Understanding Transfer Student Pathways to Engineering Degrees: A Multi-Institutional Study Based in Texas

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Virginia Tech


In recent decades, recruitment and retention efforts to meet workforce demands and broaden participation in colleges of engineering across the country have focused primarily on catering to the needs of first-year, traditional age college students who matriculate from high school into 4-year institutions. While these efforts have moved the needle on enrollment and retention for undergraduate students in engineering, growth and improvement measures have started to taper in recent years. To meet current and future workforce demands for more STEM professionals in the United States, we must be creative about how to move beyond this ceiling effect; and, great potential exists among the growing population of students who begin their pursuit of a higher education at institutions other than 4-year public/private colleges.

The purpose of this study is to increase understanding of engineering transfer students and their experiences at both sending and receiving institutions. Part of a larger mixed methods research investigation, this study draws on survey data from a sample of 1,070 engineering transfer students who transferred to one of four 4-year Texas institutions as new engineering students between 2007 and 2014. Research sites include four of the top ten producers of U.S. Hispanic/Latino engineers; and the framework for transfer student capital was used to organize this study's data collection and analytical plan.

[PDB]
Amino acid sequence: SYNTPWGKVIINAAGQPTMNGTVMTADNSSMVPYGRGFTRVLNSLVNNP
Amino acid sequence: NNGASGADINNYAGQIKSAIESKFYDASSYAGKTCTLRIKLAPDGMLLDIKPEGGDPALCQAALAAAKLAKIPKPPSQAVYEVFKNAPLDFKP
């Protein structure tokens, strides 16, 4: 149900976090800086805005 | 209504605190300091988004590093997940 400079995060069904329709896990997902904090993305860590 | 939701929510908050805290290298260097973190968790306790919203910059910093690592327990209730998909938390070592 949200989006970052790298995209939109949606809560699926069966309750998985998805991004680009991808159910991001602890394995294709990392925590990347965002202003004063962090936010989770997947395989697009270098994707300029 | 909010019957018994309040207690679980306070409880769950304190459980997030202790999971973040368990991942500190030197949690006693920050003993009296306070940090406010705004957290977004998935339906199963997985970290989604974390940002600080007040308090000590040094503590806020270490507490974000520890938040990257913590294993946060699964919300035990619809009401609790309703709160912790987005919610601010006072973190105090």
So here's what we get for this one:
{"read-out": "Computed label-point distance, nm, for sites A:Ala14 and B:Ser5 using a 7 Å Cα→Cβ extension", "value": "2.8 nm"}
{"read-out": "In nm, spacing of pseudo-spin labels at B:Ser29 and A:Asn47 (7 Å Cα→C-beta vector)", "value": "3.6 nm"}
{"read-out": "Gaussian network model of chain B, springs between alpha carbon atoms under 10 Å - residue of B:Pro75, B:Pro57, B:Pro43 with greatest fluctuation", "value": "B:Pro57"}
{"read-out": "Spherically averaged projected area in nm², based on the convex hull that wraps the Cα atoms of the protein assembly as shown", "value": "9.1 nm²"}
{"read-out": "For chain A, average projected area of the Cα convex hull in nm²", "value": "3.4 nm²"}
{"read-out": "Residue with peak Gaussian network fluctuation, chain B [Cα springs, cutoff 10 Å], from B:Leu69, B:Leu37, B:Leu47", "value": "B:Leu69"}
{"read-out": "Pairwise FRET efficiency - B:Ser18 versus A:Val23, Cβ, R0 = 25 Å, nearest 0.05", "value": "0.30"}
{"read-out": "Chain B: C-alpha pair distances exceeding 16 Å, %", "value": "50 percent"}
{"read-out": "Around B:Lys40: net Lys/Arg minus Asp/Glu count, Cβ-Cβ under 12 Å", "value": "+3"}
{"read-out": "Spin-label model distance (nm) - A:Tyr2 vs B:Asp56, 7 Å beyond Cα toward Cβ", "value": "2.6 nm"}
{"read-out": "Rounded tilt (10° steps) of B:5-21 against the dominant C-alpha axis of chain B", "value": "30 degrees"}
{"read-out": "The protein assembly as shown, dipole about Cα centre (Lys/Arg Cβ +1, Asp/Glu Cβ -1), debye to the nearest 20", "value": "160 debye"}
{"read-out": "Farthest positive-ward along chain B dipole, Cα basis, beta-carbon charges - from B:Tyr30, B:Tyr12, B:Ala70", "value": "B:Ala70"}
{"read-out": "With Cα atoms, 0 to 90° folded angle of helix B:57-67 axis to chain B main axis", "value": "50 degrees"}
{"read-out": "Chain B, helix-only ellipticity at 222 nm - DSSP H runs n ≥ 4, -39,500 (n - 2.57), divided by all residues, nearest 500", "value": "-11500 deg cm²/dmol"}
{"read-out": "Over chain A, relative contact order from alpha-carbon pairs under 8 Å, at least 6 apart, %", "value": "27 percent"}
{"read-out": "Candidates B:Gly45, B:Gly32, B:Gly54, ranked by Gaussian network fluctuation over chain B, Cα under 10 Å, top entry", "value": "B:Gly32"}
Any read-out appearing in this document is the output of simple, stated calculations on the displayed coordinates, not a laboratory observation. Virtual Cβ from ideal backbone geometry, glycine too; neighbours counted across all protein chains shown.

Structured as a manuscript style dissertation, this investigation offers a synthesis of recent literature on engineering transfer students and yields important findings on engineering transfer student movement through the higher education system at two distinct phases: 1) at the beginning of their higher education pathways in an investigation of students' reasons for starting at another institution and factors that influence their decisions to transfer; and 2) at the phase immediately following transfer in an investigation of the transition experience for students who transfer to a 4-year institution. For each phase, I identify emergent constructs and explore differences across subgroups of engineering transfer students (i.e., type of institution - selective versus open enrollment; type of transfer pathway - lateral versus vertical; student status as Hispanic/Latino; student status as first generation).

This research joins and expands the small body of literature on engineering transfer students and brings data to higher education administrators so they can make more informed adjustments to existing institutional policies and practices that impact students as they transfer to engineering programs at 4-year institutions. Last, findings from this study also advance the current state of community college research on transfer students more generally.



transfer pathways in engineering, broadening participation, transfer receptivity, student persistence, transfer student capital, integration, post-transfer transition process